A year ago, Hewlett-Packard Company (NYSE/HPQ) was an $11.00 stock that was struggling to turn around its fortunes and become relevant again.
The company, under then-new CEO Meg Whitman, made a bold and strategic decision to focus less on its declining personal computer (PC) business and more on its areas showing growth opportunities, such as its mobile and enterprise businesses. So far, this has been the correct decision for Hewlett-Packard, according to my stock analysis.
The company had already exited the consumer tablet market after realizing Apple Inc. (NASDAQ/AAPL) had a death-grip on the market and would not be easy to catch.
Fast-forward a year, and Hewlett-Packard is now flying high at the $24.00 level, up more than 100% over the past year and still the company continues to reinvent itself, as my stock analysis indicates. Hewlett-Packard has streamlined its product line, resulting in a leaner and more efficient technology company, suggesting Hewlett-Packard was a buying opportunity at its lower prices just one year ago.
Chart courtesy of www.StockCharts.com
My stock analysis suggests that while the company still has far to go to return to its former glory days, there is now hope that this could happen—it just might take a few more years of fine-tuning.
Annual revenues are in excess of $100 billion, but a period of adjustment is expected due to the company’s new direction, according to my stock analysis.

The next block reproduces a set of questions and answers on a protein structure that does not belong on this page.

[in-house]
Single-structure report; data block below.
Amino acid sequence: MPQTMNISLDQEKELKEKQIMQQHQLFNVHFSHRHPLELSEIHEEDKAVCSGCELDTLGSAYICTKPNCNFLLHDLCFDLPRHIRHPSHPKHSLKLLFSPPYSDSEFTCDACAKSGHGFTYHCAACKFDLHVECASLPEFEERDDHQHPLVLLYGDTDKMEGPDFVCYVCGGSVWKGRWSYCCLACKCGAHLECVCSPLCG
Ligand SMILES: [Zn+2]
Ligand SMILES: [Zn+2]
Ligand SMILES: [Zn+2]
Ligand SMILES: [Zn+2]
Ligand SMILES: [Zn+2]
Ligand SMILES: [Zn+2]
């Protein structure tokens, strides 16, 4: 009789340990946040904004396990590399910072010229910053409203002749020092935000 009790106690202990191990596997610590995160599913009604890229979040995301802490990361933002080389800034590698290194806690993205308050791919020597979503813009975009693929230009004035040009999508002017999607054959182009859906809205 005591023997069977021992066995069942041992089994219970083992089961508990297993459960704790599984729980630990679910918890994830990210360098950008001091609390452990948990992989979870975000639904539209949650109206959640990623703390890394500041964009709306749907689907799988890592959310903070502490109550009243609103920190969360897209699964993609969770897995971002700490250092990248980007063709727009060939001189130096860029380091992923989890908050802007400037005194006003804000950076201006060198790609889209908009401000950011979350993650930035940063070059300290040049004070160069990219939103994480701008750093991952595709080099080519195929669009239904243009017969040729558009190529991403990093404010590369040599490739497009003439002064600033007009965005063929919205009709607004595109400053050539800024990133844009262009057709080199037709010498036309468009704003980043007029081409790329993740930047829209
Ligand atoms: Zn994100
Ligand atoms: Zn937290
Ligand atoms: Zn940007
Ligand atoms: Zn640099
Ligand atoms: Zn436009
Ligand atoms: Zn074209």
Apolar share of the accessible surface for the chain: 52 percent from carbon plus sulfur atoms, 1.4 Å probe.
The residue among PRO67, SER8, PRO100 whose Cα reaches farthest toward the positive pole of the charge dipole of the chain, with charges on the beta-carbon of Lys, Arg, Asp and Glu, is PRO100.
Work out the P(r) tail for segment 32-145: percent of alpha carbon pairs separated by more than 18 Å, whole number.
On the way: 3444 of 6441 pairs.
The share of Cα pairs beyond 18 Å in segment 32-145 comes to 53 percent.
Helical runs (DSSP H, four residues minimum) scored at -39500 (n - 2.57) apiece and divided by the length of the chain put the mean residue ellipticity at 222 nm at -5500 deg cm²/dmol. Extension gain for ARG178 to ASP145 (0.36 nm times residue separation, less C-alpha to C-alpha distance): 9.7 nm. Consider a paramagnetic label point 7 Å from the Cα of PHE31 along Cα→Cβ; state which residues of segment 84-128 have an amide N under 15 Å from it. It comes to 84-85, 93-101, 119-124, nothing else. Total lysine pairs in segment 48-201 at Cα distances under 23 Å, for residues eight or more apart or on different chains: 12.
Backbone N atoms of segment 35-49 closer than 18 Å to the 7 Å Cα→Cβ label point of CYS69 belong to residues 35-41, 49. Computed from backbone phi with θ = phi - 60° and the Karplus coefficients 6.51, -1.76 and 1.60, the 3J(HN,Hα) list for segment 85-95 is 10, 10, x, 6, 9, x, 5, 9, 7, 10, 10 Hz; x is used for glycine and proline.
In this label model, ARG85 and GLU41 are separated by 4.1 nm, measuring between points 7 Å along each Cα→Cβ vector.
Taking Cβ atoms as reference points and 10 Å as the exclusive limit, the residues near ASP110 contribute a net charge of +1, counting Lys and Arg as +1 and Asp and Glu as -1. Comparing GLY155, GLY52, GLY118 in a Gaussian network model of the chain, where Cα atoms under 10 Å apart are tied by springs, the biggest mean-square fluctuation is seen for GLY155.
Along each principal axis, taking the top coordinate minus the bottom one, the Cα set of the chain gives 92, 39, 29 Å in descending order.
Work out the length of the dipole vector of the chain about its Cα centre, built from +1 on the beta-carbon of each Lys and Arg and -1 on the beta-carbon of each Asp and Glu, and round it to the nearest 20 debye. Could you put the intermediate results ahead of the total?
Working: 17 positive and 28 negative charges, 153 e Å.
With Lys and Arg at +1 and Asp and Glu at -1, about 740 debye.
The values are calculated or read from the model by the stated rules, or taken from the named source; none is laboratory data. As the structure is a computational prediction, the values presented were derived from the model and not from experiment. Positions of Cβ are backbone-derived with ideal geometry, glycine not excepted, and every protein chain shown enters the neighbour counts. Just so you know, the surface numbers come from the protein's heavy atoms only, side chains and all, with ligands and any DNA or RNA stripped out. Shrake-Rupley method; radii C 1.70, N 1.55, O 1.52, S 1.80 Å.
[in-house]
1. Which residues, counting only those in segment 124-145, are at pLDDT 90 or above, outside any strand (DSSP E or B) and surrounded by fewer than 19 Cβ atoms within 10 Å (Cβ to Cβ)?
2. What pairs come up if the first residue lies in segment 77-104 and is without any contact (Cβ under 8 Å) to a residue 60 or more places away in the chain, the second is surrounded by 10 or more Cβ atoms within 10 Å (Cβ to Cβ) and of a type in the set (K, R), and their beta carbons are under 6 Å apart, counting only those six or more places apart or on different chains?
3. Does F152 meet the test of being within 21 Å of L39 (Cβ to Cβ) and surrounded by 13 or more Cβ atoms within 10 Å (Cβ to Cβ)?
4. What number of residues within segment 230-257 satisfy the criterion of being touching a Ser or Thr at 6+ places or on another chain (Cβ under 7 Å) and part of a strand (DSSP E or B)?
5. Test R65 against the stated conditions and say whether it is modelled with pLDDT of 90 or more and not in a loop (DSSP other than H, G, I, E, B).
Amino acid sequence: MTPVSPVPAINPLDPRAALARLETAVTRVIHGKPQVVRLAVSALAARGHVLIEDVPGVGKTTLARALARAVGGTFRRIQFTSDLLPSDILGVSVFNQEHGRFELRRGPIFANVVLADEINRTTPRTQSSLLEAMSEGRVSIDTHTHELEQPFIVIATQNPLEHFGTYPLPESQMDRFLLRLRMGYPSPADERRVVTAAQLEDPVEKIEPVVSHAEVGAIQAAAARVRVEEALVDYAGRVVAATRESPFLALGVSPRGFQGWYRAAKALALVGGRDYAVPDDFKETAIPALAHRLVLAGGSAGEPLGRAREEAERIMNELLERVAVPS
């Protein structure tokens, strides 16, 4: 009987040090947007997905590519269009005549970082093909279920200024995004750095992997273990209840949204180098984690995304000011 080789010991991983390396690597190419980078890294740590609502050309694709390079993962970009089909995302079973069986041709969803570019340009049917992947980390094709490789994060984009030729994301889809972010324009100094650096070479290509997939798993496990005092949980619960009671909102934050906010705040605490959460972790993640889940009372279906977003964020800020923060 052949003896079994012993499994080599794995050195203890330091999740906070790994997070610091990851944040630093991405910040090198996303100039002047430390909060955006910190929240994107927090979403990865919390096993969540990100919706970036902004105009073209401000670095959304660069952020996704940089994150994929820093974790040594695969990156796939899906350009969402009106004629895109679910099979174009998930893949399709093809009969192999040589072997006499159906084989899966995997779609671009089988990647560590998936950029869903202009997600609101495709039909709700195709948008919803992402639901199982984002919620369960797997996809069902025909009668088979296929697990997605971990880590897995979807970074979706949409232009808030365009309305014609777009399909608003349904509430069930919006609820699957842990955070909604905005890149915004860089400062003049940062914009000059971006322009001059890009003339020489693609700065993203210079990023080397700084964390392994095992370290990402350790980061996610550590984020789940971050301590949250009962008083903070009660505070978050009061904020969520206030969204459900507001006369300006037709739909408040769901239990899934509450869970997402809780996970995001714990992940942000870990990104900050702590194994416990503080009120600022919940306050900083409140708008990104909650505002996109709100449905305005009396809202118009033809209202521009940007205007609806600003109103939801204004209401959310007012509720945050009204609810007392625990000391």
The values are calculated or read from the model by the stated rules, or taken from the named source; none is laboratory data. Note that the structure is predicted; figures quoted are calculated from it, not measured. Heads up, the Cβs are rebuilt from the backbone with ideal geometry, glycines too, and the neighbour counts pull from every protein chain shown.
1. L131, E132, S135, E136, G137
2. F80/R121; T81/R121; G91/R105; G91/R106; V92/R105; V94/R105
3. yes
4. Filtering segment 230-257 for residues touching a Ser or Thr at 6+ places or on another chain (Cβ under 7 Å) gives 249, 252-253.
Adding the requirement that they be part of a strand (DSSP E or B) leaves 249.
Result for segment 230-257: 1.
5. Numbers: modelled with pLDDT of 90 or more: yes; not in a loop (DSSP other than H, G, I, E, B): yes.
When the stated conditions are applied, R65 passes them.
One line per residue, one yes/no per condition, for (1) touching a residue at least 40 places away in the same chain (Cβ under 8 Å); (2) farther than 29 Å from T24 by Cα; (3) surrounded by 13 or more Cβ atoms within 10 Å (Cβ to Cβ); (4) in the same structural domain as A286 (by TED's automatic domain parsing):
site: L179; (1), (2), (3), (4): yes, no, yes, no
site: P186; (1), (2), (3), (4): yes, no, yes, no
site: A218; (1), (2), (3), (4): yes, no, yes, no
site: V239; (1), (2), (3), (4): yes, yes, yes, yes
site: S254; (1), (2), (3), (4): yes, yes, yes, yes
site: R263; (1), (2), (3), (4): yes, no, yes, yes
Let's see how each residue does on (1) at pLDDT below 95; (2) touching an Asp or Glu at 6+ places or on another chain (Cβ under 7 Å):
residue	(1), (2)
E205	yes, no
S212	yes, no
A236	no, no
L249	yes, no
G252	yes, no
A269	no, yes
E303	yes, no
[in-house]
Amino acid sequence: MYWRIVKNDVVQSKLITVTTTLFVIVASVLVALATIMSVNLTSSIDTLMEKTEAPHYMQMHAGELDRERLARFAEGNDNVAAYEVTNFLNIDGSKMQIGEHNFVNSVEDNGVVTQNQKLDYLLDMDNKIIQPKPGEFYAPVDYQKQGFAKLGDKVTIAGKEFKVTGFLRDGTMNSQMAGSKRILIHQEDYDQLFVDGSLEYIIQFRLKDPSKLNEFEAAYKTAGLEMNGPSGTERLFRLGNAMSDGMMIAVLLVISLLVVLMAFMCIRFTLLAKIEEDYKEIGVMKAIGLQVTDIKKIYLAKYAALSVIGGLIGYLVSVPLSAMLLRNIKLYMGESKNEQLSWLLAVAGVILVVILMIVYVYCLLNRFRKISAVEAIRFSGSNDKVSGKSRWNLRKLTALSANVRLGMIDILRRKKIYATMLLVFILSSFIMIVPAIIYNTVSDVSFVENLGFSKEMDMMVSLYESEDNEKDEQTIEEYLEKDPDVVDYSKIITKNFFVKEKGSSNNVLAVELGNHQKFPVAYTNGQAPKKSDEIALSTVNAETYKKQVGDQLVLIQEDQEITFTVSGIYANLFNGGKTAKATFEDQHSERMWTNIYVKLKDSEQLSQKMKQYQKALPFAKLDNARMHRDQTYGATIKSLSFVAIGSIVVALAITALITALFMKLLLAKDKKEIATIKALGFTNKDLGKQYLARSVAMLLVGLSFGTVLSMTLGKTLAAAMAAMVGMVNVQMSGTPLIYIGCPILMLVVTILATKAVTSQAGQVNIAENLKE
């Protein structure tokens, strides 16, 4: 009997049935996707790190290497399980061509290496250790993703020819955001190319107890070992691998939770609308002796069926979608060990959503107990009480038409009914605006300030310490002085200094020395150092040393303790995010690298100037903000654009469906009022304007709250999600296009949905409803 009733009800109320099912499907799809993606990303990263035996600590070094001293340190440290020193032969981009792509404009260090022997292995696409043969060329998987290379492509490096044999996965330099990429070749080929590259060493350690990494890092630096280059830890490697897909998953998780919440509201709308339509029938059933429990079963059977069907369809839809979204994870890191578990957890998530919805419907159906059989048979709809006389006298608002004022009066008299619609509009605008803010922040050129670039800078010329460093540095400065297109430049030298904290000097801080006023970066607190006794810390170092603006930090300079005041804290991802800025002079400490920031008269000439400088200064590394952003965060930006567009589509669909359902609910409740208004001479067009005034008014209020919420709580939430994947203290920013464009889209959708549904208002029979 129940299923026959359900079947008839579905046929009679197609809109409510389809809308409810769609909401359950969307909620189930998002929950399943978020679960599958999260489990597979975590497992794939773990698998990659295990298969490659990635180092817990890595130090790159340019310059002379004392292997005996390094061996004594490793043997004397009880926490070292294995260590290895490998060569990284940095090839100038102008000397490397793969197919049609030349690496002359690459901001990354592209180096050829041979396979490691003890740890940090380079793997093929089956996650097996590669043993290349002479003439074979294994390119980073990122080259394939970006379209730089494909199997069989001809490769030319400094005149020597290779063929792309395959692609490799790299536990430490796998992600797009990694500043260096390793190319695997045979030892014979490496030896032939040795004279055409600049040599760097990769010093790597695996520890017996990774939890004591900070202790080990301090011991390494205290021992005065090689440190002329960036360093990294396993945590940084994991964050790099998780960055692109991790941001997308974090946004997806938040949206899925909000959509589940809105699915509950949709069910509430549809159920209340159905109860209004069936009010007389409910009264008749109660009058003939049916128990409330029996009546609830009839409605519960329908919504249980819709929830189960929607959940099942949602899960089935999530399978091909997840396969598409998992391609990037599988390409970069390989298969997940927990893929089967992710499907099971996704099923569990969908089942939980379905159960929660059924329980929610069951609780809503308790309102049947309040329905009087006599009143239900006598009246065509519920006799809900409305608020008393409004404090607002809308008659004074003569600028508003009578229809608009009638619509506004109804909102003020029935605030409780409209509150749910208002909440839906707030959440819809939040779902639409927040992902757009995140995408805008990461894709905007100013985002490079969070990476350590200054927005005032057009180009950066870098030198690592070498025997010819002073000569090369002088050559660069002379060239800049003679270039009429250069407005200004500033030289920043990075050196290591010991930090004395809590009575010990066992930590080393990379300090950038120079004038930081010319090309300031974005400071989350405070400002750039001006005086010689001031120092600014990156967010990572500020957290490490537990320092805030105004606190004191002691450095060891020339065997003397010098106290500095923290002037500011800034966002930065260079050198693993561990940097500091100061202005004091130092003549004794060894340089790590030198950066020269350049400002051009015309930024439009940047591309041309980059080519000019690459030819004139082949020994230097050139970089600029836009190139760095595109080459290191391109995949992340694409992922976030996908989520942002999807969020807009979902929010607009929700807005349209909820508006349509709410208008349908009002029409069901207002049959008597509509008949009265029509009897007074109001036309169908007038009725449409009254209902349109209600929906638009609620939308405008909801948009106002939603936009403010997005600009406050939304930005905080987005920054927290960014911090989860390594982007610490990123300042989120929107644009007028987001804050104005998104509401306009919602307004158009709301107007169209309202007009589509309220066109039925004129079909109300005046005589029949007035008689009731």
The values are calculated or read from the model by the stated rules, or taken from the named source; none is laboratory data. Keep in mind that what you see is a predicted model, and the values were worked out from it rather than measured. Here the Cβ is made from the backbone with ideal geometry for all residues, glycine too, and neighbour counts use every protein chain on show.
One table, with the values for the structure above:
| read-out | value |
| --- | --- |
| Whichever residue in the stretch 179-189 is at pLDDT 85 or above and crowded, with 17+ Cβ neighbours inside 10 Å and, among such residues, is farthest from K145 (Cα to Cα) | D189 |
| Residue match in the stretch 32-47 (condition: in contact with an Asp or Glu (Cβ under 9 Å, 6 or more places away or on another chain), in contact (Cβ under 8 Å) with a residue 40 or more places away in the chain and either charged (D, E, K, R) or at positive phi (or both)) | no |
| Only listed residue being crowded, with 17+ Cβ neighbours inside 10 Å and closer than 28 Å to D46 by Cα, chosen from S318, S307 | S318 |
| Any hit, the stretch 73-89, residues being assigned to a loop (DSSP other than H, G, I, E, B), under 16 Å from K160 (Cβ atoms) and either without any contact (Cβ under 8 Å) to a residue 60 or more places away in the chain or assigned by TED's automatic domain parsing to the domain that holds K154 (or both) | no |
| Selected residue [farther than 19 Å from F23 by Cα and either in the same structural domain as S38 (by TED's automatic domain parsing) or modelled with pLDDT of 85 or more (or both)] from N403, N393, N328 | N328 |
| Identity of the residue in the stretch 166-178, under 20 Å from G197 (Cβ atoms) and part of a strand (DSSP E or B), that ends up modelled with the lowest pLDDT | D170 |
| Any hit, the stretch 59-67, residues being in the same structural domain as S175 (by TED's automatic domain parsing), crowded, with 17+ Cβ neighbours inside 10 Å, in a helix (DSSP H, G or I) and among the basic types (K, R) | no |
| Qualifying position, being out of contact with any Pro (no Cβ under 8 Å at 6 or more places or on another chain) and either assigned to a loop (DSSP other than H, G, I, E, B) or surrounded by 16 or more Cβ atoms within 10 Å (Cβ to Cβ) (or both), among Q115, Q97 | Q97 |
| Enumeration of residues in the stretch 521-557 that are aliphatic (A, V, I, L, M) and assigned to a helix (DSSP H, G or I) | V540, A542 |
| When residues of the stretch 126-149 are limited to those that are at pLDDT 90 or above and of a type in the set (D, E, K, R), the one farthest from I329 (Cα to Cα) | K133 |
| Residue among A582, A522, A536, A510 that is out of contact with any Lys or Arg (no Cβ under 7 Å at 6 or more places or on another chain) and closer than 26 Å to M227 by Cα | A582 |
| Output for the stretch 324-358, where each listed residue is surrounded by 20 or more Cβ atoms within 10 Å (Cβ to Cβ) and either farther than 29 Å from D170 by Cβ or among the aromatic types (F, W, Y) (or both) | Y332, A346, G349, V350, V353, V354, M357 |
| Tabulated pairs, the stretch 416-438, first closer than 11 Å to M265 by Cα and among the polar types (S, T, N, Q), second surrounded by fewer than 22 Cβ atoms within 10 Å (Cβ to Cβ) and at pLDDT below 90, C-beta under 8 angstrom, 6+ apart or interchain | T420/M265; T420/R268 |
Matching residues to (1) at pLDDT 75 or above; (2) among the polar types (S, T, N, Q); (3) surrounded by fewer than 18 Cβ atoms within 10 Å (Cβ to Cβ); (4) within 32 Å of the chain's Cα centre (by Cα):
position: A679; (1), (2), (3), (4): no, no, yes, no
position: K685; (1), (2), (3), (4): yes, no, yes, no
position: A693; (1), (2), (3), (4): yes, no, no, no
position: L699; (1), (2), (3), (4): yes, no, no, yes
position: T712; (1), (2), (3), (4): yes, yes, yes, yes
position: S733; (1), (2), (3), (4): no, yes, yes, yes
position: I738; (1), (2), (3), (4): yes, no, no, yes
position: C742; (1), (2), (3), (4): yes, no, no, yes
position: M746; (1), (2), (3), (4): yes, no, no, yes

Revenues are estimated to contract in both fiscal 2014 and fiscal 2015 by 2.9% and 0.6%, respectively, but earnings are estimated to grow to $3.67 and $3.88 per diluted share, respectively, according to Thomson Financial consensus estimates.
My stock analysis suggests that while the earnings growth is not something that immediately shoots out at you, the fact the company has been able to drive earnings higher in spite of its declining revenues (which still need to be dealt with) is encouraging.
Keep in mind that Whitman is in the midst of a five-year plan aimed to return growth to the company by 2015. Moreover, the company hopes to report revenue growth that matches the country’s gross domestic product (GDP) growth by 2016, but with a revenue contraction estimated for fiscal 2015, my stock analysis indicates that it’s doubtful this will happen. Instead, it will likely take another year or so before Whitman can deliver on this front.
In fiscal 2013, revenues declined seven percent year-over-year to $112.3 billion, while adjusted earnings came in at $3.56 per diluted share—within the expected range.
My stock analysis notes that Whitman still has a lot of work ahead of her before she can successfully turn the company around, but the signs are there. The next year will be crucial for Hewlett-Packard, and its success will largely depend on how the economy fares and if spending in the technology sector holds.
So far, I like what I’m seeing from Whitman and feel she will be able to steer the company in the right direction for the future, when Hewlett-Packard will become relevant again, based on my stock analysis.